As medical supply prices have risen steadily in recent years, many hospitals have turned to group purchasing organizations to buy in bulk and keep costs down. But group product purchasing also complicates the product supply trail, often leading to errors that prevent fulfillment, delivery and payment.
The primary reason that medical supply orders go astray is pricing mismatches, said Steve Inacker, president of hospital sales and services, medical segment at Cardinal Health in Dublin, Ohio.
[See also: Outcomes matter to hospital supply chain]
There are four participants in the process of getting medical products to the healthcare provider: the manufacturer, who sets the price; the group purchaser, who contracts the price; the distributor, who administers the price; and the customer, who pays the price. A single inventory number, address, or other key data point that is incorrect at any of those four steps will stop the order in its tracks.
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“If any of these four don’t match up, you get a rejection, either because information is not current, or it is just bad,” Inacker said.
There are two leading causes of pricing mishaps, according to Inacker. One occurs when a customer negotiates a special price directly with the manufacturer, and buyers and distributors aren’t in that loop. If the product normally has other prices affixed to it, or different ordering information, it will red flag and not process.
The second is when one of the four participants fails to notify the others of changes within required time frames, not giving the other parties enough time to make adjustments in their databases.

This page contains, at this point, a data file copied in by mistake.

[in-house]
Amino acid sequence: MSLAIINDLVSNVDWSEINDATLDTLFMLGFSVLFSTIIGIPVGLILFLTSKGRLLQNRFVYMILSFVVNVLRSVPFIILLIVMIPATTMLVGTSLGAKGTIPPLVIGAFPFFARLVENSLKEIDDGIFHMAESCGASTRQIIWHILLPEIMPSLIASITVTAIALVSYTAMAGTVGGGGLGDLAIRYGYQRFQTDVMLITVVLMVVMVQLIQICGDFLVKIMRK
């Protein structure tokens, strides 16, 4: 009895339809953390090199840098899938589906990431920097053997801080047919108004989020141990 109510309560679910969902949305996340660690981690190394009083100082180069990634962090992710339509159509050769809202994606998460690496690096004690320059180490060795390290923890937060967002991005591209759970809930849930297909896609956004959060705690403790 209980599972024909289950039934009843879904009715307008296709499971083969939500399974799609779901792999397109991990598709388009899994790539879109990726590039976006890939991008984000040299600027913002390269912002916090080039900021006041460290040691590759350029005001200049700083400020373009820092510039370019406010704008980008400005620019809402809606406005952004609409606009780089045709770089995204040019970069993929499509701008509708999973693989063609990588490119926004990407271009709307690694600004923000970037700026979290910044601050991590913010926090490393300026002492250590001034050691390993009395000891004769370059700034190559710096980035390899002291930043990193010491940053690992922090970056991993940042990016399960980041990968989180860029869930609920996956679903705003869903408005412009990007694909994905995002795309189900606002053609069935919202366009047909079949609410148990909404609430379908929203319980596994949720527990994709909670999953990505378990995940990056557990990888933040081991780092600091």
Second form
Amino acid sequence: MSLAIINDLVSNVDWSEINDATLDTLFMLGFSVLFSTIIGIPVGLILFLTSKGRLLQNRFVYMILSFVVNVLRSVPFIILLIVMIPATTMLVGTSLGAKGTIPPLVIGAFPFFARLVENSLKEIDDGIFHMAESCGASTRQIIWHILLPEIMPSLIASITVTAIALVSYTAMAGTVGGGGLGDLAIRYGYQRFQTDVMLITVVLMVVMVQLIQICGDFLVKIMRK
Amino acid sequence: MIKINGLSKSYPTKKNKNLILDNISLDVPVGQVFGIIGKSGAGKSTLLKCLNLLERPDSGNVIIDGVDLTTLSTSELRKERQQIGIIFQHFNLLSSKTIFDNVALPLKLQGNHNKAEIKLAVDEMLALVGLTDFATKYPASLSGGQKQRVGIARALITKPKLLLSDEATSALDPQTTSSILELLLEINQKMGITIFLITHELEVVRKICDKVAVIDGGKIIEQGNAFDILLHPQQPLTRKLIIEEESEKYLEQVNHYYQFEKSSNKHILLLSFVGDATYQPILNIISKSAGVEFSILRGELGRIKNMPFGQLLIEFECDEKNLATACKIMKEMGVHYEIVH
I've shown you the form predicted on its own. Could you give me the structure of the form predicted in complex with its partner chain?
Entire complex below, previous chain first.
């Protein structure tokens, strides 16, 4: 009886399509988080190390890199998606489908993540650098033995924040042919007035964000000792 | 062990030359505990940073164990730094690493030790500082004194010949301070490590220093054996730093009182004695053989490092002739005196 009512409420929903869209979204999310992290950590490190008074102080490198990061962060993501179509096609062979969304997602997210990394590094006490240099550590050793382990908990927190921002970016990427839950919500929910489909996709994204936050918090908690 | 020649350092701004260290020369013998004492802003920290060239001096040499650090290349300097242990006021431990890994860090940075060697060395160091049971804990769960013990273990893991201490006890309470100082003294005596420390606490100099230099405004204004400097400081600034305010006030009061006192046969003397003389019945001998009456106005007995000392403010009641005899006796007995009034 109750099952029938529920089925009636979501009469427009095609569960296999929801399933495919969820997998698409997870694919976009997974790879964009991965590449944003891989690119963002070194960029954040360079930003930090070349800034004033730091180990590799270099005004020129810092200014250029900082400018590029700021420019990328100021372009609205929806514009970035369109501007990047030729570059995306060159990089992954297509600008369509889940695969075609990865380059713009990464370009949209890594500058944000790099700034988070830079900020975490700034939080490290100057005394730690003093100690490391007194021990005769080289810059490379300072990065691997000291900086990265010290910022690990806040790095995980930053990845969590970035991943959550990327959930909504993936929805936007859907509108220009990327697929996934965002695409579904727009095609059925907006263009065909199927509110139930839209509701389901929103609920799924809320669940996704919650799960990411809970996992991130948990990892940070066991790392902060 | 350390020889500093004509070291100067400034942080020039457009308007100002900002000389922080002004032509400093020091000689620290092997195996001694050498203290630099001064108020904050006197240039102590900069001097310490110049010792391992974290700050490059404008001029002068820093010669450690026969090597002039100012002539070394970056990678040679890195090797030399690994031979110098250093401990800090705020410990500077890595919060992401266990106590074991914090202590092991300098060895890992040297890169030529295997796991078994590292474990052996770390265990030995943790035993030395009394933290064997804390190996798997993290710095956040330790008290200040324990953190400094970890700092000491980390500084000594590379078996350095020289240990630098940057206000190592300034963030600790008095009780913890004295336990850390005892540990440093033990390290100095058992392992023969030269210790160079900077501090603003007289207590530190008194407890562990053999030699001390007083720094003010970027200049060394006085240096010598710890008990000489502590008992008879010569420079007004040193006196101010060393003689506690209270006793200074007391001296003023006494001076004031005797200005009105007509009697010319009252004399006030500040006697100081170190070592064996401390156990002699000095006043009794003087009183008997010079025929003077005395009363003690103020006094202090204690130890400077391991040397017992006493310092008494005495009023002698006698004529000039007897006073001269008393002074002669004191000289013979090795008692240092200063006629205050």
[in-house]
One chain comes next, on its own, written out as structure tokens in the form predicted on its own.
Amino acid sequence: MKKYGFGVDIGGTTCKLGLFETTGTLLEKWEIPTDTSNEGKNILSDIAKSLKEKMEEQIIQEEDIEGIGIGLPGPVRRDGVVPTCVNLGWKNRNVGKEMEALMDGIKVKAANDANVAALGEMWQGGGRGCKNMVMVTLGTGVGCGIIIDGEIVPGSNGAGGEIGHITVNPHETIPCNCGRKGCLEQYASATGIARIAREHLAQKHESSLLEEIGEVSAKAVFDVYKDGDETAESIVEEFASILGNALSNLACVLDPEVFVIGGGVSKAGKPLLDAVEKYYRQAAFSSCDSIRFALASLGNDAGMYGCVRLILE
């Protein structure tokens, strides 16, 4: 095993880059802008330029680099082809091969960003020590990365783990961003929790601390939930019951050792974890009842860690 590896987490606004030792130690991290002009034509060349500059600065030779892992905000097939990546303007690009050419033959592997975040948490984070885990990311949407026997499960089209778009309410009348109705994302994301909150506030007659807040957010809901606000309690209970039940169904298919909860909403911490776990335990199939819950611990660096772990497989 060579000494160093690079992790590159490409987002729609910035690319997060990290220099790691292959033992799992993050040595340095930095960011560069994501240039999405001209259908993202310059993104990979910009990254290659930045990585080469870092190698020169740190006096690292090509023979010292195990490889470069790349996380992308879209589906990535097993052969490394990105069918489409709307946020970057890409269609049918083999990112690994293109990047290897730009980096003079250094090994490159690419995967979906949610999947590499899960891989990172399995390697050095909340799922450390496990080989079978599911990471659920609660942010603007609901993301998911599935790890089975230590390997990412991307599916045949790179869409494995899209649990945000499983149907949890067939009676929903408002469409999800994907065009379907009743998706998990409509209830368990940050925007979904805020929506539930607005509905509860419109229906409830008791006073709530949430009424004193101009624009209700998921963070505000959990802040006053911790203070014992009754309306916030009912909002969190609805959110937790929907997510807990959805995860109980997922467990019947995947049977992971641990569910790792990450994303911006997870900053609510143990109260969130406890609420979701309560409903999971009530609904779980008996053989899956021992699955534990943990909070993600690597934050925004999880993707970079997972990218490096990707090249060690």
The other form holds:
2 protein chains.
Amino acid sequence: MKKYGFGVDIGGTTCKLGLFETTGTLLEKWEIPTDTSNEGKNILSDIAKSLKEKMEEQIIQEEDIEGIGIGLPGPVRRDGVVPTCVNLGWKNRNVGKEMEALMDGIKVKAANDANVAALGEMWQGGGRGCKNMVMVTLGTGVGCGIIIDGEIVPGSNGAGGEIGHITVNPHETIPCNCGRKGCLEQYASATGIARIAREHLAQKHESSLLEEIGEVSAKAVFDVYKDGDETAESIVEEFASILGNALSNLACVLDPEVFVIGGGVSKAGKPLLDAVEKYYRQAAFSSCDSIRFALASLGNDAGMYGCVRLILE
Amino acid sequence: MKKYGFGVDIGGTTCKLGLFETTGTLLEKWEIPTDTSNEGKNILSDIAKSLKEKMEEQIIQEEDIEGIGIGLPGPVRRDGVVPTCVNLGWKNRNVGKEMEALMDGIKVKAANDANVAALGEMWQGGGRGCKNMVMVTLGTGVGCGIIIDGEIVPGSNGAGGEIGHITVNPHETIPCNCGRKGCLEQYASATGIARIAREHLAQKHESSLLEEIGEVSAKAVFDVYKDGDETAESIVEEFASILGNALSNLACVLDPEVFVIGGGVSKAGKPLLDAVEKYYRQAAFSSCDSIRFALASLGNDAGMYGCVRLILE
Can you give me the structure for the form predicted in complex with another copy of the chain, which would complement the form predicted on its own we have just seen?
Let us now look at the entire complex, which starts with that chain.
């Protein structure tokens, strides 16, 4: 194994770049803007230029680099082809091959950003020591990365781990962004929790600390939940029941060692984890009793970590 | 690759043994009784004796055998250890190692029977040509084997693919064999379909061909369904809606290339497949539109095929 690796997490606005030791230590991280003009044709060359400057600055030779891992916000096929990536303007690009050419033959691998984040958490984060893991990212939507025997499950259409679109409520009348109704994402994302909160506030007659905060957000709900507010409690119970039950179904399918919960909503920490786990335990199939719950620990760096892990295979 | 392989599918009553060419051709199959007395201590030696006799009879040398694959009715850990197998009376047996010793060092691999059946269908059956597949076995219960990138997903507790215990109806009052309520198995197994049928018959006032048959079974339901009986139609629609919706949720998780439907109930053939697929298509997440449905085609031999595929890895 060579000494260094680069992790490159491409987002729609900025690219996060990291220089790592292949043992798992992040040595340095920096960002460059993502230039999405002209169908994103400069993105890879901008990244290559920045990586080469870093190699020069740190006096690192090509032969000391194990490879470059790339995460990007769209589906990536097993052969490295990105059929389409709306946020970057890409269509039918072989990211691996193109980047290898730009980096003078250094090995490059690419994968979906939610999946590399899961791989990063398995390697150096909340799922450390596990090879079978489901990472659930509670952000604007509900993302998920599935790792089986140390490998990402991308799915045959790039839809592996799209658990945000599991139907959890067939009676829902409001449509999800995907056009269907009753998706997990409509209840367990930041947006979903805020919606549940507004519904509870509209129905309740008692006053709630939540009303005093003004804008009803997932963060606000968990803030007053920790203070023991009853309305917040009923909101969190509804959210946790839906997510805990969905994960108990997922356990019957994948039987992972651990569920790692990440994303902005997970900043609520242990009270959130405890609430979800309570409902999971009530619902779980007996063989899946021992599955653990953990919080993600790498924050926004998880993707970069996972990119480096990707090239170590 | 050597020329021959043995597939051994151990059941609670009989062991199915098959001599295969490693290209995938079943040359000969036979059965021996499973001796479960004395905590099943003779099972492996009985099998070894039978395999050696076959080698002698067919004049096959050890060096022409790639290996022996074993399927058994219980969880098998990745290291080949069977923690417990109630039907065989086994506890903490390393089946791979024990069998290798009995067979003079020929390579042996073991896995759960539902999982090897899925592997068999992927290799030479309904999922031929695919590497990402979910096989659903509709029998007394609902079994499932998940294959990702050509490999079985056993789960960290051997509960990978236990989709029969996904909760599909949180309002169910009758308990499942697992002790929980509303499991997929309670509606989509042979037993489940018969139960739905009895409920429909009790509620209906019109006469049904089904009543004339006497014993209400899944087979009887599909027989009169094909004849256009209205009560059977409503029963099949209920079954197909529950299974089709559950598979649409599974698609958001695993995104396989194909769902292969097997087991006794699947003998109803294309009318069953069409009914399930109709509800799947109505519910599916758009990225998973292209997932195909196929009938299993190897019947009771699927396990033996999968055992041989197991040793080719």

Each of the four participants in the process has a variety of conversion tables they use to ensure they are all talking about the same items, in the same quantities, for the same destinations, but ultimately, errors occur, Inacker noted.
Overall, the healthcare industry enjoys a 99.6 percent to 99.8 percent accuracy rate on medical product orders, Inacker said, but with millions of orders involved here, that 2.2 percent to 2.4 percent has significance.
“We run millions of lines of code daily,” Inacker said. “Our pricing process is very complicated. We have 300 people who do nothing but load and fix pricing.”
Other factors that can throw a wrench in the works are late or last minute price negotiations, and retroactive price changes. To guard against such problems, organizations usually require price change notification within a certain number of days – 45 at Cardinal Health.
Because errors can occur at any state of the process, customer involvement in the entire process is important, said Bill Abrams, president of the Distributed Products Division at Medline Industries in Mundelein, Ill.
“The system needs to be improved,” Abrams said. “Be engaged in the process. And negotiate early. Give everyone a chance to get the pricing loaded and connected, so that that invoice can just sail right through.”
System improvements are on the way in the form of new legislation taking effect next year that mandates standards in the medical product supply chain.